Thursday, February 23, 2012

Happy February Birthdays!

Happy birthday to John Adams, John Corigliano, and Christopher Rouse!

John Adams's Chamber Symphony (Mvt. 1)

John Corigliano's Circus Maximus

Christopher Rouse's Gorgon 

Saturday, February 18, 2012

Goodbye, New Music in the Media

Dear Alphabet Soup Readers,

We have decided to take down our page "New Music in the Media." While we feel it is very important to discuss new music issues raised in the news, we have decided that if we feel an article or event is noteworthy enough to post and/or discuss on this blog, we will do so on the main page so we can actually have a discussion about it. 

Thanks for your continued readership!

- Natalie & Sarah

Monday, February 13, 2012

I Have Confidence in Sunshine, I Have Confidence in Rain

A year ago I asked the question "Where Are the Female Composers?" and attempted to answer it by briefly touching on the issue of an institutionalized gender gap, among other topics. Sarah addressed the frustrating discrepancies between the male/female demographics in the composition world and the winners of awards in "Competitions and Gender: What's Up with That?" I still feel mostly the same way as I did last year regarding these topics. However, one highly important aspect of the gender gap was left out of our discussion last year: the issue of confidence.

For the most part, I find (in my limited experience) that women are generally unwilling to discuss confidence issues when addressing the gender gap, especially in mixed-gender company. I think we all feel, to a certain extent, that admitting to a lack of confidence or having any kind of self-doubt displays a weakness that can only be harmful to us in this brash, networking, market-driven world.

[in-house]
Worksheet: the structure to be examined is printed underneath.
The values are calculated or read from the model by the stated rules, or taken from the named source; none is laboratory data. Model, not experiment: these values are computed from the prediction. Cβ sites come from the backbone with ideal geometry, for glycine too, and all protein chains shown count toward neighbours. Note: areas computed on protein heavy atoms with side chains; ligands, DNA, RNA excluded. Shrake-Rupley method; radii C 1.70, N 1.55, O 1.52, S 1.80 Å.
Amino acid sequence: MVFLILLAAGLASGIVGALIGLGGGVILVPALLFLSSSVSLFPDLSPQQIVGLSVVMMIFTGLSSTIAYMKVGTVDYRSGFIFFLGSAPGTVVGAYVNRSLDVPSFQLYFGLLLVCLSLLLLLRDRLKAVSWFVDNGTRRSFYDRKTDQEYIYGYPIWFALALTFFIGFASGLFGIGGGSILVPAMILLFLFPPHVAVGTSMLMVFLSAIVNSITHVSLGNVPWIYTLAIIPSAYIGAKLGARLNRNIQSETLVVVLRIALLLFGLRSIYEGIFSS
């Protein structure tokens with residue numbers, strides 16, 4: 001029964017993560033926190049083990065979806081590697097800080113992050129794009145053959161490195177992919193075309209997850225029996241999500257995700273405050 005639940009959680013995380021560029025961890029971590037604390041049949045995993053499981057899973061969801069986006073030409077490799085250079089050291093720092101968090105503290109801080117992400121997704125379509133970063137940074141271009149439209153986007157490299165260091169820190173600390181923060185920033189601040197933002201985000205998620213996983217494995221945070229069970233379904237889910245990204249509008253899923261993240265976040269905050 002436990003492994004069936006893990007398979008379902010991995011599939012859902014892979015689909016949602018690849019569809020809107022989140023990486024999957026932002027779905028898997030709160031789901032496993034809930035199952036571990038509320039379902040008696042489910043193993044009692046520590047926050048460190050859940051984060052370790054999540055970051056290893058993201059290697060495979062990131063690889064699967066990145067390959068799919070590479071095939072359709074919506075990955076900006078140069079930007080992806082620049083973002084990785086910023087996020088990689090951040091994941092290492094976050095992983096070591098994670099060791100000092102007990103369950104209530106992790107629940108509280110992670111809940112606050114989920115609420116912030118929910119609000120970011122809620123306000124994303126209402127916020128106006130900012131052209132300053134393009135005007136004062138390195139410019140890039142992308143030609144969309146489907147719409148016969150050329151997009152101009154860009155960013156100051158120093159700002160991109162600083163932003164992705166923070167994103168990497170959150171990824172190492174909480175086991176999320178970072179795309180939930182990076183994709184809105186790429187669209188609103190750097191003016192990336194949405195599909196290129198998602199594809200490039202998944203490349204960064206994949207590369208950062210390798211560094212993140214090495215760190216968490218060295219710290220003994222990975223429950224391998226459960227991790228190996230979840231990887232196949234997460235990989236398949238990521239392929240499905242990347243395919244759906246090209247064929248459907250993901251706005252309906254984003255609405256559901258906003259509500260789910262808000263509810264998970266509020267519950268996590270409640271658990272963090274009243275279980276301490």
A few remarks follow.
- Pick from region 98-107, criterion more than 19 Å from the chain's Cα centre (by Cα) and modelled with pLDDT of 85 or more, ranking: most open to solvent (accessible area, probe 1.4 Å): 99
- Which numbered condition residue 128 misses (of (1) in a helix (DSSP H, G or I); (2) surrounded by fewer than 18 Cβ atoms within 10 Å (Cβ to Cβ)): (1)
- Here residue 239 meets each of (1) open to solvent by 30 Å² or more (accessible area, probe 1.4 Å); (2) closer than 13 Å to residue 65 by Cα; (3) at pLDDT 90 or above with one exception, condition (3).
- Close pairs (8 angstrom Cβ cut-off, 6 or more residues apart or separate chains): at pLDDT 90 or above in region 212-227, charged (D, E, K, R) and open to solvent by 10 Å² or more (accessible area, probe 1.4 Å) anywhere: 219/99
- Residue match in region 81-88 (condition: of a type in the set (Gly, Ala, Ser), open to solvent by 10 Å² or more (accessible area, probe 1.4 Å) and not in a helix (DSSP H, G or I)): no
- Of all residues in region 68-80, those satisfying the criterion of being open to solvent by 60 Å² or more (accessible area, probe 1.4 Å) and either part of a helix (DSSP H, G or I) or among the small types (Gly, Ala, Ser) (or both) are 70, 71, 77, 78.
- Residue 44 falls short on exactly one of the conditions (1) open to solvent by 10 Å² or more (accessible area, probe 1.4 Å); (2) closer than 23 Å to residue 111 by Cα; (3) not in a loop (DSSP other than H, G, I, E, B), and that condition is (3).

Thursday, February 9, 2012

Cutting Arts Funding... Again

While politicians are almost always cutting or threatening to cut funding for the arts, and already have to a large extent, this article seemed even more extreme to me than what is usually discussed. The suggestion to cut national arts funding in half when the budget is so small already seems like hitting artists when they're already down. The article is a little old but certainly relevant in light of the Republican primaries and upcoming (ish) election.

Posted by Sarah

Wednesday, February 1, 2012

Our Compositional Core

I recently participated in the Atlanta Opera's 24 Hour Opera Project- a crazy adventure in which mini-operas were written, rehearsed, and performed in- yes, you guessed it- 24 hours. The lyricist (who I had never met before) and I had twelve hours, from 6pm to 6am, to come up with an idea and write both the libretto and music for an entire 10 minute opera. It was exhausting and exhilarating. While many people think these types of 24 hour composing challenges are pretty neat, I would hazard a guess that the projects (and compositions) are generally looked upon as fun and frivolous- never as serious works of art. For the most part, yes, this is a fun event (although very stressful at times!) and a composer is generally not going to write her magnum opus. But I don't think these challenges are frivolous. I actually think they're quite useful to participate in as composers for a variety of reasons, besides the obvious wonderful outcome of having an almost instantaneous performance of your music.